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Q&A: Sun's Jonathan Schwartz on Java's future

He's not so sure about the idea of an open-source Java

By Carol Sliwa
June 19, 2003 12:00 PM ET

Computerworld - SAN FRANCISCO -- Jonathan Schwartz, executive vice president of software at Sun Microsystems Inc., spoke with Computerworld during the recent JavaOne conference here about the possibility of Java becoming open-source, the potential market for Java in mobile devices and Java's relationship with IBM. Excerpts from that interview follow.
Should Java be made fully open-source? The problem with open-source is that [victory] goes to volume, and that's evident in the Linux community today where ISVs [independent software vendors] are qualifying to Red Hat and abandoning everyone else. Why? Because Red Hat has volume.
If Java were open-source, Microsoft could take it, deliver it as they saw fit and drive a definition of Java that was divergent from the one that the community wanted to be compatible. And to the victor would go the spoils of that nefarious action.
To the extraordinary credit of the Java Community Process [JCP], we have a uniform compatible standard that now spans hundreds of millions of devices, hundreds of millions of smart cards, hundreds of millions of desktops and tens of thousands, if not hundreds of thousands, of servers. So you have to really be careful in understanding the distinction between open-source and open standards.

Jonathan Schwartz of Sun Microsystems Inc.
Jonathan Schwartz of Sun Microsystems Inc.
An IBM executive once equated those two terms to me. IBM is dead wrong, and I also think that IBM is somewhat duplicitously straddling that gap for its own benefit, exploiting the open-source community on the one hand and then on the other hand, trying to derive a proprietary advantage from its implementations of open-source products and trying to fork the marketplace. I don't believe that open-source leads to more innovation. I think open-source leads to a different kind of innovation. ... What will cause open-source products to win is if they are better, and it has nothing to do with source code. To any CIO I've ever met, source code is like a free puppy. It's great the day you get it. It's really cute. But then you have to feed it, get it its shots, take it for a walk, etc.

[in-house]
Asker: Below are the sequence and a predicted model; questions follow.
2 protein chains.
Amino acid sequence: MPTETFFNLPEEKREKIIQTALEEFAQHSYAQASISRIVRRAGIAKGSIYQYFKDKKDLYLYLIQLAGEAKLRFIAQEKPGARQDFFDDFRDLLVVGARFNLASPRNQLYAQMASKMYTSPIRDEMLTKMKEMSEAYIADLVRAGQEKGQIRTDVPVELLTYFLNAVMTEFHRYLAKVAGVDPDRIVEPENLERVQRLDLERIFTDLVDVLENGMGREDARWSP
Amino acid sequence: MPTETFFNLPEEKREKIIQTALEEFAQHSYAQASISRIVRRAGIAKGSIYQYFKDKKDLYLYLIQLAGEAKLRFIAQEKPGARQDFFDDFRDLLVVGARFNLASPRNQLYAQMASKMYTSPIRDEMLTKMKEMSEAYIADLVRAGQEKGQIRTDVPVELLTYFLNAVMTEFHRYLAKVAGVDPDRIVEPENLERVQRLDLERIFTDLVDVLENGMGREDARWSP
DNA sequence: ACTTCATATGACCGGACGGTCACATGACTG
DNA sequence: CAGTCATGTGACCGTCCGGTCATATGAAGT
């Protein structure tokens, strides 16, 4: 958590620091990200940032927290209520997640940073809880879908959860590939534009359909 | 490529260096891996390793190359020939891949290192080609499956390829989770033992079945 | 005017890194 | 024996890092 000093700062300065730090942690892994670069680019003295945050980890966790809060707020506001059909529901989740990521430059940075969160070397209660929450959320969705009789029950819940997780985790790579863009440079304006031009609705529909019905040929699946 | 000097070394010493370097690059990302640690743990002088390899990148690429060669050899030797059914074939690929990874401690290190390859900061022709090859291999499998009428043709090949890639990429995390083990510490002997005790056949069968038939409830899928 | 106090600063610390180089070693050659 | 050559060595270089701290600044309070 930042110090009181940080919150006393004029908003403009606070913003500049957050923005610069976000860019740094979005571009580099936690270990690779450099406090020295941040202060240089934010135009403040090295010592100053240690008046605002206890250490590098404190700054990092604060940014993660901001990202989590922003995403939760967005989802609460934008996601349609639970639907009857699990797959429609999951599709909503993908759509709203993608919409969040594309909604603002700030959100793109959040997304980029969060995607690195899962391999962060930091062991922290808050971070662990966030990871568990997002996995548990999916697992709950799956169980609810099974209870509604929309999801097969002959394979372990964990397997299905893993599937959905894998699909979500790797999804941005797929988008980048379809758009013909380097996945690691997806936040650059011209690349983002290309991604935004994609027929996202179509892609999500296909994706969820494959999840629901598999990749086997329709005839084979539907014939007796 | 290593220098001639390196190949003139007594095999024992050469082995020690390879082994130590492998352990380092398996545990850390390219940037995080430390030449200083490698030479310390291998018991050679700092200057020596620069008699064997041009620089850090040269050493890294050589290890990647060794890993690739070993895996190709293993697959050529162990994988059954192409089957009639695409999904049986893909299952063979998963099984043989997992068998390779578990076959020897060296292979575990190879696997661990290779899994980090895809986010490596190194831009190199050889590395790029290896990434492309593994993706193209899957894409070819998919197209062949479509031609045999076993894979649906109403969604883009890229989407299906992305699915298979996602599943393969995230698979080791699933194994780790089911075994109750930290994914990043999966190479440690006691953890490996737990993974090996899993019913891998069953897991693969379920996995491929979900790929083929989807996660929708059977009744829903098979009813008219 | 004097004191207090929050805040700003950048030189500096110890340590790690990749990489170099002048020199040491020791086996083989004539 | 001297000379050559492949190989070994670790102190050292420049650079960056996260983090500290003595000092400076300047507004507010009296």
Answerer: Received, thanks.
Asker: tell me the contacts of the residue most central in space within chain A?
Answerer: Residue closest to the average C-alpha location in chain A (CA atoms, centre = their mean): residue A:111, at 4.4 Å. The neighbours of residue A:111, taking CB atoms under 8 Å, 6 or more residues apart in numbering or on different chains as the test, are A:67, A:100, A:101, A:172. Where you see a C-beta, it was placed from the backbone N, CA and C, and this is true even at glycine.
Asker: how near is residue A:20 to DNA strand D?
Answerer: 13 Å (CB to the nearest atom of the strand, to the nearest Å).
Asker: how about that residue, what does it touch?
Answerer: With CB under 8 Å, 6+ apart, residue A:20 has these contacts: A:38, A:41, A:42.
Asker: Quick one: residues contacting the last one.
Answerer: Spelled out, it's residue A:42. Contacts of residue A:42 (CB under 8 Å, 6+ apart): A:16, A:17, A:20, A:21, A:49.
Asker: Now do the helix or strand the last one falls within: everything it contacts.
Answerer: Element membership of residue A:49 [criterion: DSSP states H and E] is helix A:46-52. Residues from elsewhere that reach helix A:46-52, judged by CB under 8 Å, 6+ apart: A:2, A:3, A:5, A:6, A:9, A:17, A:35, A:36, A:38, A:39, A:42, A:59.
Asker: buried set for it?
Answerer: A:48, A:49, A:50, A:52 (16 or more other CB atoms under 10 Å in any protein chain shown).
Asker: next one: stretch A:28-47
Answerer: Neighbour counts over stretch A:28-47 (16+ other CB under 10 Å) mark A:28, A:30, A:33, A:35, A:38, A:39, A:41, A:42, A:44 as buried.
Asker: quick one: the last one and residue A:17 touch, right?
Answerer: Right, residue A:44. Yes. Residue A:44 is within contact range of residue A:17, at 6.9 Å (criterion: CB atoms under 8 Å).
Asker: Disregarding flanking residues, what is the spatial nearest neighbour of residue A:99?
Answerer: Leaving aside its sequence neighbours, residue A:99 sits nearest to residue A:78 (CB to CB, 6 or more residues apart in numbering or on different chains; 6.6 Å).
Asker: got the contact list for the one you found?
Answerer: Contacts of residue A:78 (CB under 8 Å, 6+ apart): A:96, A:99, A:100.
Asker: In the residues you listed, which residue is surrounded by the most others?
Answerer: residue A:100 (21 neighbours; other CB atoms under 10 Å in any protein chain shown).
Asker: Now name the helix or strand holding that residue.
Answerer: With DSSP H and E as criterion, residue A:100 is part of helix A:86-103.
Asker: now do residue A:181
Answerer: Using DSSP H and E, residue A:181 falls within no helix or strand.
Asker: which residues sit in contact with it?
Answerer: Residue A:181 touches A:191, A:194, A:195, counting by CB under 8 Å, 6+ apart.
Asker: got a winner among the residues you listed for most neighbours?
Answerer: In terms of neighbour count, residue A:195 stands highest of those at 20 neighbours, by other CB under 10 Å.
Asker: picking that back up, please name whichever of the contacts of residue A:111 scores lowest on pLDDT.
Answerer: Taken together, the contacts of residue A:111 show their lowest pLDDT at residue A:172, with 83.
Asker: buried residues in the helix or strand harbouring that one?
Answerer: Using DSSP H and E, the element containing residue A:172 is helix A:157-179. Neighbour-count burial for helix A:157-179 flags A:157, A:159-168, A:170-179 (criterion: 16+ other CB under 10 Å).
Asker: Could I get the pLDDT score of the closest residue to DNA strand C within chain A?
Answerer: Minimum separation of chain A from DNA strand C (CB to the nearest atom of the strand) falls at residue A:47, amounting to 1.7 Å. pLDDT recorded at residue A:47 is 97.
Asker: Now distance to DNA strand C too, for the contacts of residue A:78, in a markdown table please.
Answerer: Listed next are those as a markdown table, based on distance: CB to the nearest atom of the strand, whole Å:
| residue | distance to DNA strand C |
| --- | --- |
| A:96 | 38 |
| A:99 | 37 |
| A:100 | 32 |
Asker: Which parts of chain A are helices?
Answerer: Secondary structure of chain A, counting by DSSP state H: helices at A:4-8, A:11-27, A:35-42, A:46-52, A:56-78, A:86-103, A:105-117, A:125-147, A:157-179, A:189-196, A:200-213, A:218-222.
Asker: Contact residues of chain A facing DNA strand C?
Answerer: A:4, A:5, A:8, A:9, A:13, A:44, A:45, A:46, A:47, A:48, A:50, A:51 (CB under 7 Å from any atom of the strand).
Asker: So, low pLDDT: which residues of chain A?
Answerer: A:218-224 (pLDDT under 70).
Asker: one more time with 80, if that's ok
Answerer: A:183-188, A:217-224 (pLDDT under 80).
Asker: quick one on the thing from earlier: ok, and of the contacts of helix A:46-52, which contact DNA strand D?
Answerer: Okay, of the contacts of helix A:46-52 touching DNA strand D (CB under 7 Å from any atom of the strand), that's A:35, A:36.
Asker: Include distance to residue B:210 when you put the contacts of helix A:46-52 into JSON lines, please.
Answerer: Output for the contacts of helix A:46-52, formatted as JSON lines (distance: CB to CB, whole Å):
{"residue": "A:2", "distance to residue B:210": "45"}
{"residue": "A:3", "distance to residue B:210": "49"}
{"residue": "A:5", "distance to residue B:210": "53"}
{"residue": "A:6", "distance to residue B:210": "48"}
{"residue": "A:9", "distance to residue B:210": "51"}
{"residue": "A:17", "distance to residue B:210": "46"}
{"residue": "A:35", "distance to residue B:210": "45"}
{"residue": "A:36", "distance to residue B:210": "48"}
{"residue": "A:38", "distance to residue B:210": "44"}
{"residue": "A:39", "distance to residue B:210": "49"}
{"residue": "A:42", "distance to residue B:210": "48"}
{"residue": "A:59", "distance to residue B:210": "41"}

Some developers who attended your JavaOne conference said they think Java should be open-source. I think the licensees understand the integrity that the Java Community Process drives. It's interesting about the Java Community Process, because the only companies that really don't like the community process are the companies that have approached me or one of my direct reports with an attempt to try to do something outside the JCP and leave everyone else behind. We don't talk a


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